The decree is a framework that allows ample scope for creativeness: a list of target companies will be drawn up by the government and can be expanded. However, President Vladimir Putin picked out two companies whose assets were immediately under the management of the Federal Property Management Agency. These were the electricity assets of Finnish company Fortum (53.03% owned by the Finnish government) and 83.73% of Unipro JSC, which operates five power plants and is owned by Germany’s Uniper (nationalized by the German authorities in 2022).
“This decree is a response to the aggressive acts of unfriendly nations, which are aiming to create a regulatory framework for the actual seizure of Russian assets abroad,” said presidential press spokesman Dmitry Peskov. If any frozen assets are seized, Russia will follow the principle of “an eye for an eye,” Dmitry Medvedev warned.
What’s it apparently in retaliation to?
State-owned gas giant Gazprom was one of the first Russian companies to be targeted in the European Union — in particular, Gazprom Germania, which operated 14% of gas networks and 28% of gas storage in Germany, was put under external management. In September. Germany also transferred state-owned Rosneft's 54.17% stake in an oil refinery in Schwedt to the control of a German federal agency.
Rosneft made a legal challenge, but last month a court in Leipzig took the side of the German authorities. The ruling noted that Rosneft’s assets had not been nationalized, but that external management was essential to ensure their smooth operation.
Who will take charge of the assets?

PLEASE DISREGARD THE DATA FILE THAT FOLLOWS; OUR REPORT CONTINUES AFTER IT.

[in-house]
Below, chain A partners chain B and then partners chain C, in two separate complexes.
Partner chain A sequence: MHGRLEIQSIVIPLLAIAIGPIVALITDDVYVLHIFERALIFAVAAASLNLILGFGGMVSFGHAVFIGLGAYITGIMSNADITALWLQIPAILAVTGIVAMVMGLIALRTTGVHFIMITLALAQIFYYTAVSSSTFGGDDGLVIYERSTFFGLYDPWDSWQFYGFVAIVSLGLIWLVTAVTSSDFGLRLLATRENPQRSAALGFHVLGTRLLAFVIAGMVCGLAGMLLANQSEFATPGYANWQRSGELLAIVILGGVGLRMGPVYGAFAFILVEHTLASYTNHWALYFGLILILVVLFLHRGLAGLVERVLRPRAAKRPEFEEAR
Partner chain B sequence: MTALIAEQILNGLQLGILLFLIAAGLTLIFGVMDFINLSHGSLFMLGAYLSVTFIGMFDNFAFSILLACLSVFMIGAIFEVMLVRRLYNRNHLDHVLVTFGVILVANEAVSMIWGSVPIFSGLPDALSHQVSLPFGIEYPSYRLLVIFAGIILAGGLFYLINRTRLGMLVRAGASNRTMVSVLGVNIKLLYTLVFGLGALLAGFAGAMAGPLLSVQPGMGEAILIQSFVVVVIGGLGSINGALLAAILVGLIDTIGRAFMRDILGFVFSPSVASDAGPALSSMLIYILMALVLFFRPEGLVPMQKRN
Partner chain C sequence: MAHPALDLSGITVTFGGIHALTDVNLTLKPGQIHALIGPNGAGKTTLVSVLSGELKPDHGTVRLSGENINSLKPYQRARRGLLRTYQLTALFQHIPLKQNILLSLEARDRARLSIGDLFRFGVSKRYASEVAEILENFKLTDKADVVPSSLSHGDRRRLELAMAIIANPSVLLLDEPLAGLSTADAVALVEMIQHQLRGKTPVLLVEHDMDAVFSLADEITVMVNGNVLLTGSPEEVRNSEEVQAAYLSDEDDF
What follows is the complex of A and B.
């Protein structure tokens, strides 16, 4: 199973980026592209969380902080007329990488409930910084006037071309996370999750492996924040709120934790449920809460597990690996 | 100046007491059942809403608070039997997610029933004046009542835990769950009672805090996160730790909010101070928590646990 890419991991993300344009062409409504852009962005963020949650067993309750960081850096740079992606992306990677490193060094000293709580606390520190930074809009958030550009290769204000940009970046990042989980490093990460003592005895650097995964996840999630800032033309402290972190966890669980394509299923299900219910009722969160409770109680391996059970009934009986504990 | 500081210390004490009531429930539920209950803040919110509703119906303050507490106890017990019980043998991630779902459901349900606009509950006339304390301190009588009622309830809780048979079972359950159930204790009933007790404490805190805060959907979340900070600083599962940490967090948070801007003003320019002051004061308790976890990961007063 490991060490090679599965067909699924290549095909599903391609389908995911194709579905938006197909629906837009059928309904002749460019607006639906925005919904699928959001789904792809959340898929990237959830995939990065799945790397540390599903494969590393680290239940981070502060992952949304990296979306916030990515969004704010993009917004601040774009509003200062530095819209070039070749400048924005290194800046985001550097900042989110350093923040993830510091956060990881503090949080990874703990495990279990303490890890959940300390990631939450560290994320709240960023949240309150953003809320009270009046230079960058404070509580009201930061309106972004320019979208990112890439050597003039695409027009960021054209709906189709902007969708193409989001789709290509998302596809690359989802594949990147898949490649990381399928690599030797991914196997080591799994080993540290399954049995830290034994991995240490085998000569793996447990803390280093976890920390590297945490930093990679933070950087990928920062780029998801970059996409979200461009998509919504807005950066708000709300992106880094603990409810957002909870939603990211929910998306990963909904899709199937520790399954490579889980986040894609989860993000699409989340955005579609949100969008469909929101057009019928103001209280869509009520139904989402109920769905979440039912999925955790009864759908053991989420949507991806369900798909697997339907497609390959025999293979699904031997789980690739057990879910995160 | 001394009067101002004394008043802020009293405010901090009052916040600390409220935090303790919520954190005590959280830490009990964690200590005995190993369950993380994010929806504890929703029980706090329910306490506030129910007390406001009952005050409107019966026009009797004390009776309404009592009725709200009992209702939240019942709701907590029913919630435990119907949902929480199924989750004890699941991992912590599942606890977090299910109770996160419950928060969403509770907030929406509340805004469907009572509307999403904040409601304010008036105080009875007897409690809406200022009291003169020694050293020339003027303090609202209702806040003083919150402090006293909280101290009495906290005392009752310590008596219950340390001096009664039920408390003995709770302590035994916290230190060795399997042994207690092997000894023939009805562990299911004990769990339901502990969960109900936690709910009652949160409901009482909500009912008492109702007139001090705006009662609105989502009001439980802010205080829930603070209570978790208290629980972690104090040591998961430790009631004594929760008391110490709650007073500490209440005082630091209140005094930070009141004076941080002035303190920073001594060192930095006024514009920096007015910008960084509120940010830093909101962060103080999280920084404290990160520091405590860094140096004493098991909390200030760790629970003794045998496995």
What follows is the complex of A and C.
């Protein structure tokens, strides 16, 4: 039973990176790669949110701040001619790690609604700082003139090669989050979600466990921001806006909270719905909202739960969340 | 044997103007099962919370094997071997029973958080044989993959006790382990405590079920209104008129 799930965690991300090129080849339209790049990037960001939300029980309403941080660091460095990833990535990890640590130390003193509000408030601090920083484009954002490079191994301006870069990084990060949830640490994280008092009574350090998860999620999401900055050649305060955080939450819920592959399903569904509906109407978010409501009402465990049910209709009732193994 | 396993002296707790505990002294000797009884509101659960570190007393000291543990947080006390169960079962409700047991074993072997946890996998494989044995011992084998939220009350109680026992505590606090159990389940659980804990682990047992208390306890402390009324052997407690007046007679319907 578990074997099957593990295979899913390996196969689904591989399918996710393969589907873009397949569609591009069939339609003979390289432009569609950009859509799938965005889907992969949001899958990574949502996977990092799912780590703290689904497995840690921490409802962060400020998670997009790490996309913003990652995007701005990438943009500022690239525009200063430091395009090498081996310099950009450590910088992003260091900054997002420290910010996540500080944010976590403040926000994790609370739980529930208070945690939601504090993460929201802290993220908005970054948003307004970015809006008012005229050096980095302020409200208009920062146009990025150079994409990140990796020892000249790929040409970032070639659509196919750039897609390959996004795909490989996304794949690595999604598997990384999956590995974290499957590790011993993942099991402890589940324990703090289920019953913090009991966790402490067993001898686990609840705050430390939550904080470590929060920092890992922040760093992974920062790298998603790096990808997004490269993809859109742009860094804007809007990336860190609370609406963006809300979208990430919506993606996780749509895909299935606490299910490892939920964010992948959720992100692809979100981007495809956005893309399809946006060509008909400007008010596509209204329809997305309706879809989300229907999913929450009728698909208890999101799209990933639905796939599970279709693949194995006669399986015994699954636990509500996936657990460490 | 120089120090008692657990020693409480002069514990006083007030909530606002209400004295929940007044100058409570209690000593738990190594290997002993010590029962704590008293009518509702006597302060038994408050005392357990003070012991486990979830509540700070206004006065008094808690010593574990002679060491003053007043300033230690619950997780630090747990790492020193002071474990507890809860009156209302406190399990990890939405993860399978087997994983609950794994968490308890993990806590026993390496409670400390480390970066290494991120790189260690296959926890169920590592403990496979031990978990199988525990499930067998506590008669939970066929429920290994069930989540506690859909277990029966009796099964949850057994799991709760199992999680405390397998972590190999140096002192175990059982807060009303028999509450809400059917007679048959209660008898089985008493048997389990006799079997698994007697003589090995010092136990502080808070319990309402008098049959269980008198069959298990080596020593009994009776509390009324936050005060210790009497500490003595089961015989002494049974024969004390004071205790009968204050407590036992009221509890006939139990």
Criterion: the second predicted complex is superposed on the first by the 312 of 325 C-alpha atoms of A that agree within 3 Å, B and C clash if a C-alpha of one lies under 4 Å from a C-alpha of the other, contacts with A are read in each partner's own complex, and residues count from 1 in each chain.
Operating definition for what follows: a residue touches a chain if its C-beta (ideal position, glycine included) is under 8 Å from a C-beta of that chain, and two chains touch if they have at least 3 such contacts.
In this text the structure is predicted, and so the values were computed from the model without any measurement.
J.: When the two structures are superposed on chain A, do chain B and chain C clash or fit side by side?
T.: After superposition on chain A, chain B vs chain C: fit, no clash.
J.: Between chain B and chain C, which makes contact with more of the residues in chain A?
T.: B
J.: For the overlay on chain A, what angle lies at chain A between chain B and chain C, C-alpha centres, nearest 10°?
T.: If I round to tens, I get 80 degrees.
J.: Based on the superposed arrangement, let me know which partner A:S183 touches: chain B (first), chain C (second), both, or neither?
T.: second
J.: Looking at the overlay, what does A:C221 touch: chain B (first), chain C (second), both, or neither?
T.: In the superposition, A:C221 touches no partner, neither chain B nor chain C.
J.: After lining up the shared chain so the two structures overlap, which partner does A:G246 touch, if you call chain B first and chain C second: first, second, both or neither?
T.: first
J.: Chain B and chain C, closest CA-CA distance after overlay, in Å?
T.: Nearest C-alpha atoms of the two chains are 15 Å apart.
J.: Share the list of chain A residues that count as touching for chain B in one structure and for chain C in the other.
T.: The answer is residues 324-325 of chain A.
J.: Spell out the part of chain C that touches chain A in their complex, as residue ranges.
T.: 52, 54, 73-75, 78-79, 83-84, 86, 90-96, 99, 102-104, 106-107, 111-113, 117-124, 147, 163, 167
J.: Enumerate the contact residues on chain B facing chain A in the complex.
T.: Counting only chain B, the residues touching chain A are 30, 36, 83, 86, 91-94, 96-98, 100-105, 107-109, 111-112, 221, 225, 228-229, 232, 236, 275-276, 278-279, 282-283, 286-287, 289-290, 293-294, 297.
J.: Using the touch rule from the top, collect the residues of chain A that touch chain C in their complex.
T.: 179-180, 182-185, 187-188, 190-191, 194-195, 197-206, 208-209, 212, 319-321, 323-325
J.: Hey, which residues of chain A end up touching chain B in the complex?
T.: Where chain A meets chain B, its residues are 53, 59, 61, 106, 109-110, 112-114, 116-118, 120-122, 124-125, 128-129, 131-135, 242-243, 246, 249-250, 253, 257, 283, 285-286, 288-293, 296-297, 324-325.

The transfer of Fortum and Unipro’s assets to the Federal Property Management Agency is a technicality. Deputy Finance Minister Alexei Moiseyev said Thursday that, in reality, they will be given to Russian companies that have had assets frozen in the West.
The day after Putin’s decree was published, the board of Fortum’s Russian business fired Alexander Chuvayev, who has been in charge since 2009, on the orders of the Federal Property Management Agency. He was replaced by Vyacheslav Kozhevnikov, ex-deputy chief power engineer at Rosneft’s Bashneft-Dobycha. On the same day, Vasily Nikonov took over at Unipro, having previously held a top job at Rosneft.
Several analysts confidently predicted Sechin’s Inter RAO would ultimately take charge of Fortum and Uniprо. Indeed, Putin’s decree enables any Russian company — including Inter RAO — to become an external manager. However, there are additional sanctions risks to such a step — and it is easier to control a company by appointing loyal managers.
Why the world should care
It’s entirely possible that these tit-for-tat expropriations between Russia and the West will end now. Major Russian state companies have no more major assets in the EU. It’s unlikely Russia will seize private foreign companies so as not to jeopardize the assets of Russian companies abroad. That means there is little reason to fear the nationalization of foreign banks in Russia, for example.
However, it’s too early to relax. The Kremlin last year refrained from direct nationalization of foreign-owned assets for two reasons. Firstly, it would have been a negative signal to investors from Asia and the Middle East, upon whom Russia is now counting. Secondly, many technocrats were still pinning their hopes on a return to business as usual. The decision to “nationalize” assets is a new step in the sanctions war — and it looks like the Kremlin would be willing to escalate further.